Help employees remove the causes of failure and do a better job.
A business owner, deciding he was going to hold employees accountable, rewrote their job responsibilities. He expected some of them would stick around, and others would not.
When he informed his staff, one of them asked, “What do you want me to do? I’m already working really hard.” His response: “How about do what I’ve asked?” With such an attitude it’s unlikely his initiative ended well.
Holding people accountable too often means berating them for not doing the tasks they were directed to do. This is not a useful strategy. W. Edwards Deming said, “the aim of leadership is not merely to find and record failures of men, but to remove the causes of failure: help people to do a better job with less effort.” Many bosses ignore the second part of Deming’s statement. This leads to workers who do only what they’re told, and who don’t think or innovate.
Insisting on accountability misses two key issues: rarely are poor outcomes the fault of just one person; and directing someone to do something doesn’t mean that they have agreed to it. But we can’t have them doing anything they choose. As James Lawther said in his Squawk Point blog, “If you operate a totally blameless culture, people can (and sooner or later will) get away with murder.”
So we need some way to recognize mistakes rather than ignore them, and deal with them fairly. Getting participants to commit to the terms is key. Sometimes the commitment is to learn something, such as getting training to change a behaviour or learn a new skill. Or it could be to set priorities differently.
When there’s no commitment, the employee is not answerable for failing to achieve an outcome. With a commitment, a manager can come back to the employee and ask for a reckoning if something didn’t get done. In such a case, it’s likely everyone will learn something.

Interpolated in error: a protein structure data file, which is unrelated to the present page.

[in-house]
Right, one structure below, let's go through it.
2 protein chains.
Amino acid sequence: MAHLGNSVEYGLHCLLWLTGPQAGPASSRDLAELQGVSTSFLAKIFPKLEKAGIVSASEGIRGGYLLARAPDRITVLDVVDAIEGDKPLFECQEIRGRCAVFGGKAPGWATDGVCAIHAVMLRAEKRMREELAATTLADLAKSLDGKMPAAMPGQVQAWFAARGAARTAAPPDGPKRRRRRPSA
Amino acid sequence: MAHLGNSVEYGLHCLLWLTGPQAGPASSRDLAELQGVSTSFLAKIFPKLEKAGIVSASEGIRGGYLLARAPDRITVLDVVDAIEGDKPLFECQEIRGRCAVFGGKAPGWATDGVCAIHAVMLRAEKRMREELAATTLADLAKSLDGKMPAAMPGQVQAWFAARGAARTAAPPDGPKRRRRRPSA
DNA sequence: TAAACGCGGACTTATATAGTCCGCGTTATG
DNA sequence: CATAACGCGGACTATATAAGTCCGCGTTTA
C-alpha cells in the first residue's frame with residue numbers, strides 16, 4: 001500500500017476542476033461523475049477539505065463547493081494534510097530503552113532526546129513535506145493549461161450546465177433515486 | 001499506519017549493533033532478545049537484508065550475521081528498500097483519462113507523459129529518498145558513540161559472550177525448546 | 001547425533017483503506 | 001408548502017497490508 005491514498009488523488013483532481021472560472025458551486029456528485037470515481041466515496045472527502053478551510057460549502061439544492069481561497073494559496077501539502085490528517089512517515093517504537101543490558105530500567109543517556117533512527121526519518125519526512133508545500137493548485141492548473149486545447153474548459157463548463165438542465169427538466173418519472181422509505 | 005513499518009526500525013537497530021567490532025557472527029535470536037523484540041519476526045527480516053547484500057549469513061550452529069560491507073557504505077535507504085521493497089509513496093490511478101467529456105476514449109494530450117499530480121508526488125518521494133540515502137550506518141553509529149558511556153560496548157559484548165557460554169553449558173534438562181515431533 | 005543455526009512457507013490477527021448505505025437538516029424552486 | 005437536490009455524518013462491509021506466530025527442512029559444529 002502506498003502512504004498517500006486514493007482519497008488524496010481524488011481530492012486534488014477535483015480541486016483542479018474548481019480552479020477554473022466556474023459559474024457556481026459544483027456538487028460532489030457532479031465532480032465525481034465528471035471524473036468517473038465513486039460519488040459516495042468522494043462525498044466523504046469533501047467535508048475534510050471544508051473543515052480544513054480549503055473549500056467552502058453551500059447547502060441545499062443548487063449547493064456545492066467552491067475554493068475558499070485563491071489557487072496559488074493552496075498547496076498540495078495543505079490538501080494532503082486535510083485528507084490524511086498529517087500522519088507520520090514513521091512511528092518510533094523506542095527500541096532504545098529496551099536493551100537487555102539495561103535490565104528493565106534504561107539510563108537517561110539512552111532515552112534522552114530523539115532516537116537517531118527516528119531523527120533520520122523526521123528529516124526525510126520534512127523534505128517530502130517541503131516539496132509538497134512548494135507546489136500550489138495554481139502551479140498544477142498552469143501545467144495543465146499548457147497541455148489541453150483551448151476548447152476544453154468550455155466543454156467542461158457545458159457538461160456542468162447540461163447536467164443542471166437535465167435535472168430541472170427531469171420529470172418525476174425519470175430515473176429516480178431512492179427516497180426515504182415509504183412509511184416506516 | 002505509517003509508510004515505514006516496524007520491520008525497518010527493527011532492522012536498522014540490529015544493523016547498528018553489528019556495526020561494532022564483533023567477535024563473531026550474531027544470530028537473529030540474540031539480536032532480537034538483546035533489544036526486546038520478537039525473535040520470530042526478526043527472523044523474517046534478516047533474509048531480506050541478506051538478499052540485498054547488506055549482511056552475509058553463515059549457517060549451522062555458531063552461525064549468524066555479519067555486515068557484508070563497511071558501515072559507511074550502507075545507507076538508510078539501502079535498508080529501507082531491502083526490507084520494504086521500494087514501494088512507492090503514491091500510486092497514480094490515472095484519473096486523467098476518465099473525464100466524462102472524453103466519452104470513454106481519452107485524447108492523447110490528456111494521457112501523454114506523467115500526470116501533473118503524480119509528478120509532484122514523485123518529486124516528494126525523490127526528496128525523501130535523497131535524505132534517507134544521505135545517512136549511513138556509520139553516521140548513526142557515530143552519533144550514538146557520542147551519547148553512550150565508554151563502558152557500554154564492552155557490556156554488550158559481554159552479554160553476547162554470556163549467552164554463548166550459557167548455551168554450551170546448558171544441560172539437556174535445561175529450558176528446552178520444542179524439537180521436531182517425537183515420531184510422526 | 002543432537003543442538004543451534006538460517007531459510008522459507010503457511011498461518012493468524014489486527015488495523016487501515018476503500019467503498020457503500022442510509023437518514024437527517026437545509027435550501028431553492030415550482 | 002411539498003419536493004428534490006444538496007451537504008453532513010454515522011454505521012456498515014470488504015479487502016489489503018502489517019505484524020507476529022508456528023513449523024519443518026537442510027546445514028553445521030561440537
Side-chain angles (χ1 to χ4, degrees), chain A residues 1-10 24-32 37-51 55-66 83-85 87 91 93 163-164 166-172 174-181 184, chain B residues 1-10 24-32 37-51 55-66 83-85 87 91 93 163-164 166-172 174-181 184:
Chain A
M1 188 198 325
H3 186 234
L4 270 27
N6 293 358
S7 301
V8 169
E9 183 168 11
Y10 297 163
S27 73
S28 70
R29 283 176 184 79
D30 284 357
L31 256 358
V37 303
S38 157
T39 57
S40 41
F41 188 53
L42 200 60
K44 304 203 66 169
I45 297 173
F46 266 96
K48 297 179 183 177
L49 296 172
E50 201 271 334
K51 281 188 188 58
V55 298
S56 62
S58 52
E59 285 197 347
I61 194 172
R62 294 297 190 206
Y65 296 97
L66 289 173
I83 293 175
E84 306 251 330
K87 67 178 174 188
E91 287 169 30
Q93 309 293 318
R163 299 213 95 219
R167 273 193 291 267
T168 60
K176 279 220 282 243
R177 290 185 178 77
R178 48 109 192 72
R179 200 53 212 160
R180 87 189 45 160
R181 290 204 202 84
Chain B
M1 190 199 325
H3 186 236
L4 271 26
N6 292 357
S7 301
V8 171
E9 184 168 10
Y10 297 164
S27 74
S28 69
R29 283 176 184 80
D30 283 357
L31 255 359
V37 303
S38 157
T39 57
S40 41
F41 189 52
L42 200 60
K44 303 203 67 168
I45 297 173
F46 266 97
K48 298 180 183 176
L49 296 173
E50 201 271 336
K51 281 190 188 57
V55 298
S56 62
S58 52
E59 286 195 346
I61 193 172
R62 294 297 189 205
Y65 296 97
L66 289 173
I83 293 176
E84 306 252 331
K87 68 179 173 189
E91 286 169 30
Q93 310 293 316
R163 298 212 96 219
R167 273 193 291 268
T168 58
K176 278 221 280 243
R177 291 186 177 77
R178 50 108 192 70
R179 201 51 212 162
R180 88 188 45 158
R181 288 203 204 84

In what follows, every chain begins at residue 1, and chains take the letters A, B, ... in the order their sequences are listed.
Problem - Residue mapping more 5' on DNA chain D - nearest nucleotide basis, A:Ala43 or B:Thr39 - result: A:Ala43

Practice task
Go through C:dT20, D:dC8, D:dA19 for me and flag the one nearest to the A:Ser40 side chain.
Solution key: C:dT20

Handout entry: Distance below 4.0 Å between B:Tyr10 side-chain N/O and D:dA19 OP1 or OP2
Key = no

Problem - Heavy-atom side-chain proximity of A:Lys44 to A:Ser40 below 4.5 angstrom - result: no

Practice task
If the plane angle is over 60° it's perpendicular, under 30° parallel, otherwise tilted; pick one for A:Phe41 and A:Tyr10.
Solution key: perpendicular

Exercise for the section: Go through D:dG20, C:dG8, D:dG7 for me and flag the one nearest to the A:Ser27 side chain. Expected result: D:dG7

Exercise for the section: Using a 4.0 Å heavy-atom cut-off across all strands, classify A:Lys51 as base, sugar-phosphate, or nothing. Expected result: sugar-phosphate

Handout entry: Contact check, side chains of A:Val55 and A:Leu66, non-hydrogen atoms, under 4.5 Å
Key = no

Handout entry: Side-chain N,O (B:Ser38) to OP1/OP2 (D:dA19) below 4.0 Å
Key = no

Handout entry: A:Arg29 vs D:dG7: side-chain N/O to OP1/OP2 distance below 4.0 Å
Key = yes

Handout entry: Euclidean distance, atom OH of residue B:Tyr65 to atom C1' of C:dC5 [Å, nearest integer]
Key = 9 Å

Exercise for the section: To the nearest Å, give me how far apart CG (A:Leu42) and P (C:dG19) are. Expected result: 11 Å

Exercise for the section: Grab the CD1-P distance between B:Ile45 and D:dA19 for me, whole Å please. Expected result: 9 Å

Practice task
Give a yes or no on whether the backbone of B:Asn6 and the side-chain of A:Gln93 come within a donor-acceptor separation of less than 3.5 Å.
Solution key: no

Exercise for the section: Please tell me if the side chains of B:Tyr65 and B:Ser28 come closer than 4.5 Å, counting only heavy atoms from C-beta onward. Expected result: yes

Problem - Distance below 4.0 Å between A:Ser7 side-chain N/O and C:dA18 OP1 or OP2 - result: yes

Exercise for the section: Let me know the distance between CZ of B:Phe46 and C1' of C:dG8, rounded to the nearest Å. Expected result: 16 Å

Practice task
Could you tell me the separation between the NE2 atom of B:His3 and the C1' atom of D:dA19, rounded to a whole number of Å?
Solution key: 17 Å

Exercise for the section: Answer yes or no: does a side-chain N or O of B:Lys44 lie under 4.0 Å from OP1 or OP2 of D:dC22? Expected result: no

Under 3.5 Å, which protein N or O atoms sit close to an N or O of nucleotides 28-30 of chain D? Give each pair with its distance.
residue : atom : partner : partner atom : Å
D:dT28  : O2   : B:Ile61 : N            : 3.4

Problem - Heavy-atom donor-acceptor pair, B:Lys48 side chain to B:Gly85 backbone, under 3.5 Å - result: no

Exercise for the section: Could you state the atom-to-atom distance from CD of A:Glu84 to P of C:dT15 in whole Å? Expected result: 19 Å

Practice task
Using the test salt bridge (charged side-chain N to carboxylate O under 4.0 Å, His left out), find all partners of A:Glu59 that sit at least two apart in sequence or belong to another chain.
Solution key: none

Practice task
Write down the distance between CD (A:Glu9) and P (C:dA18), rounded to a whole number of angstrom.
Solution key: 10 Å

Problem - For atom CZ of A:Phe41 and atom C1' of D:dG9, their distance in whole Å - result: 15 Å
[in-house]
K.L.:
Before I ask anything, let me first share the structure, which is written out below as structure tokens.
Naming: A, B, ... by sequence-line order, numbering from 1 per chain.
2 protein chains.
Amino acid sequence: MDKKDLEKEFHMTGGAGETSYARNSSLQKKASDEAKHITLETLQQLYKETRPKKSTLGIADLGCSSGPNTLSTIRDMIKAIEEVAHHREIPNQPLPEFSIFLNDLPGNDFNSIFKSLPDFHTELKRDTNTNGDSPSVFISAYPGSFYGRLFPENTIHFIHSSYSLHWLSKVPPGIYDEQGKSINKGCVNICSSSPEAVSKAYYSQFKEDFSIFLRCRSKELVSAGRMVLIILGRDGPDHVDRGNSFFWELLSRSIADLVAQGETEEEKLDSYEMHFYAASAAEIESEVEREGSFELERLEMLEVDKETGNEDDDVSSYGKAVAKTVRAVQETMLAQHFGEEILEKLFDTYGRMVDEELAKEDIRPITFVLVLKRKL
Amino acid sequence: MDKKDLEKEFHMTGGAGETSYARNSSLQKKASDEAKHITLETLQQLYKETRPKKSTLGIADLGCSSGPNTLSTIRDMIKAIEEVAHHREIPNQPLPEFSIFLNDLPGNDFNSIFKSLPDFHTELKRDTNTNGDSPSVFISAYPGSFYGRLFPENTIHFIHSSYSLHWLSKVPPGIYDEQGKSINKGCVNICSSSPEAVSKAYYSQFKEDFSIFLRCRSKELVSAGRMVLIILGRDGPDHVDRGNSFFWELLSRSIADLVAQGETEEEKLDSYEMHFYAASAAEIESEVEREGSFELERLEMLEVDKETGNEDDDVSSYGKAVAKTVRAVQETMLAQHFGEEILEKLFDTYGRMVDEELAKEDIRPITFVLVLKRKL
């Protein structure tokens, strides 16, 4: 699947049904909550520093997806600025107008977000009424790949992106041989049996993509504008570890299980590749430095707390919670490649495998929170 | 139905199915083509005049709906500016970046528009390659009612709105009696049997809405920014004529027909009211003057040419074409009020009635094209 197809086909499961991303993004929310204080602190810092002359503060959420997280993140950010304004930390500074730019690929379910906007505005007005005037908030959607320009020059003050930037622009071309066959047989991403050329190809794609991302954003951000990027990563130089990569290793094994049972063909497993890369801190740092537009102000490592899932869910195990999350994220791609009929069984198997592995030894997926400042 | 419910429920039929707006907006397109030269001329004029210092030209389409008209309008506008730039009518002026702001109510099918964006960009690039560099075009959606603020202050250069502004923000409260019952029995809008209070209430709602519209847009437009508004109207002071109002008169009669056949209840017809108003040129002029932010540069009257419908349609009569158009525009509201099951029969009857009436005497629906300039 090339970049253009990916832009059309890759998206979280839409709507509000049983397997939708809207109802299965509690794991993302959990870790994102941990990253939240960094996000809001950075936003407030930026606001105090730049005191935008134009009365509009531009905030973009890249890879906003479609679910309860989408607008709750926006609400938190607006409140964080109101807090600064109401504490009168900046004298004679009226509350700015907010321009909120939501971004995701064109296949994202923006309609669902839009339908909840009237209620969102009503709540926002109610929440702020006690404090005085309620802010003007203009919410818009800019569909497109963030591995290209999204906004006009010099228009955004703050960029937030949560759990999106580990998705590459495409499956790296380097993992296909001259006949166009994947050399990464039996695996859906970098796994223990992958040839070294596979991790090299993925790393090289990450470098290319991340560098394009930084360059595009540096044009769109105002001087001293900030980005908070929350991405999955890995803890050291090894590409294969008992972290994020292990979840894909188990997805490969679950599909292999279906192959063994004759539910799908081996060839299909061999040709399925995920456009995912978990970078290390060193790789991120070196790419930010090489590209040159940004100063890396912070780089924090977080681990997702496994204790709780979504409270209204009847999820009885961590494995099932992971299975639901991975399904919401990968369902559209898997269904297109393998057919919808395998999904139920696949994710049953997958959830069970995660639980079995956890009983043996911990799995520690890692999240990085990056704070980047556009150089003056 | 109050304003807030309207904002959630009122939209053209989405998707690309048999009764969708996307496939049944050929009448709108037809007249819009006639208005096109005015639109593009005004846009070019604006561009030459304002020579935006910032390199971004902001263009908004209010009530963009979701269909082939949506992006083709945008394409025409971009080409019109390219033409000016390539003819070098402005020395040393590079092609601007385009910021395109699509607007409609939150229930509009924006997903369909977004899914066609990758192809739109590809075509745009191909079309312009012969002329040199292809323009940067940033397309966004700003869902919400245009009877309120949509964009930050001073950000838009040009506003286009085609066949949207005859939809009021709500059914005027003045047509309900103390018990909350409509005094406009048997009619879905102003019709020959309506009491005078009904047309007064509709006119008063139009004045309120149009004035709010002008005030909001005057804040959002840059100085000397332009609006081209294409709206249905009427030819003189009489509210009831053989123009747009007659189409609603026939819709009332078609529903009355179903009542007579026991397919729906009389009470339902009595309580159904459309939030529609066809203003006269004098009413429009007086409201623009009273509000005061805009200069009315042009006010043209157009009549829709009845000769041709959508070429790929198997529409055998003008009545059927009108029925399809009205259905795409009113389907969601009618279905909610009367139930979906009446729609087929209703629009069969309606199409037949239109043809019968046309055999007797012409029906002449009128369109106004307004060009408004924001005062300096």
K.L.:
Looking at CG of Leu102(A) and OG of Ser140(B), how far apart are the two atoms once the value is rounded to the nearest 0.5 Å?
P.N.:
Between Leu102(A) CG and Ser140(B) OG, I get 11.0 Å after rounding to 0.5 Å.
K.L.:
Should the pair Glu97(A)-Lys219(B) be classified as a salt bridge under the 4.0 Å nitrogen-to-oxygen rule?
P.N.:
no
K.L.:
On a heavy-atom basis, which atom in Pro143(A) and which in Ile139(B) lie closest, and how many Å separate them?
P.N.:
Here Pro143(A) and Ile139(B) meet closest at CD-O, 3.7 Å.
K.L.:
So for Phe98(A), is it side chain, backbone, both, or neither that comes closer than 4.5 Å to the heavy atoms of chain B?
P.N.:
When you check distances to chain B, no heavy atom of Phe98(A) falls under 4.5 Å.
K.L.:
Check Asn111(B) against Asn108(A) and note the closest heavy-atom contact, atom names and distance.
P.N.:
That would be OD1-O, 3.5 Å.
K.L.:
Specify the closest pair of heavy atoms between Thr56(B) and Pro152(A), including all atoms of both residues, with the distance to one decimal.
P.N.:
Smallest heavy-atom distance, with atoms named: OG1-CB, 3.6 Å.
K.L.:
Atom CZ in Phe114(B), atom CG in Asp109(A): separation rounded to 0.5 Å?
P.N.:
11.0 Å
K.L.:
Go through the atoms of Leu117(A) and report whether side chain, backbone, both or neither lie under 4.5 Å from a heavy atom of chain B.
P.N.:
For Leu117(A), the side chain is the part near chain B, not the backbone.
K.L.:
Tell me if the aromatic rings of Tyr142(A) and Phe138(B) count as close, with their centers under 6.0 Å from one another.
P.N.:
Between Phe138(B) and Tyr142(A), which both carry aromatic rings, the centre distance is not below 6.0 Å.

But people need to be able to say “no” without fear. They need time to come up with appropriate solutions (that might be the basis for another commitment), and they need the resources to address the issue.
Those resources may include specific skills, information or authority. If they need skills, that entails a commitment from the manager and the business owner.
Before applying “training” as a solution to a situation, consider what might be necessary to win that commitment. In some cases that may be enough to resolve an issue.
Hugh Alley is an industrial engineer based in the Vancouver area who helps organizations achieve significant performance gains in delivery, quality and cost over a short time frame. Call (604) 866-1502 or e-mail email@example.com.
This article appeared in the November-December print issue of PLANT Magazine.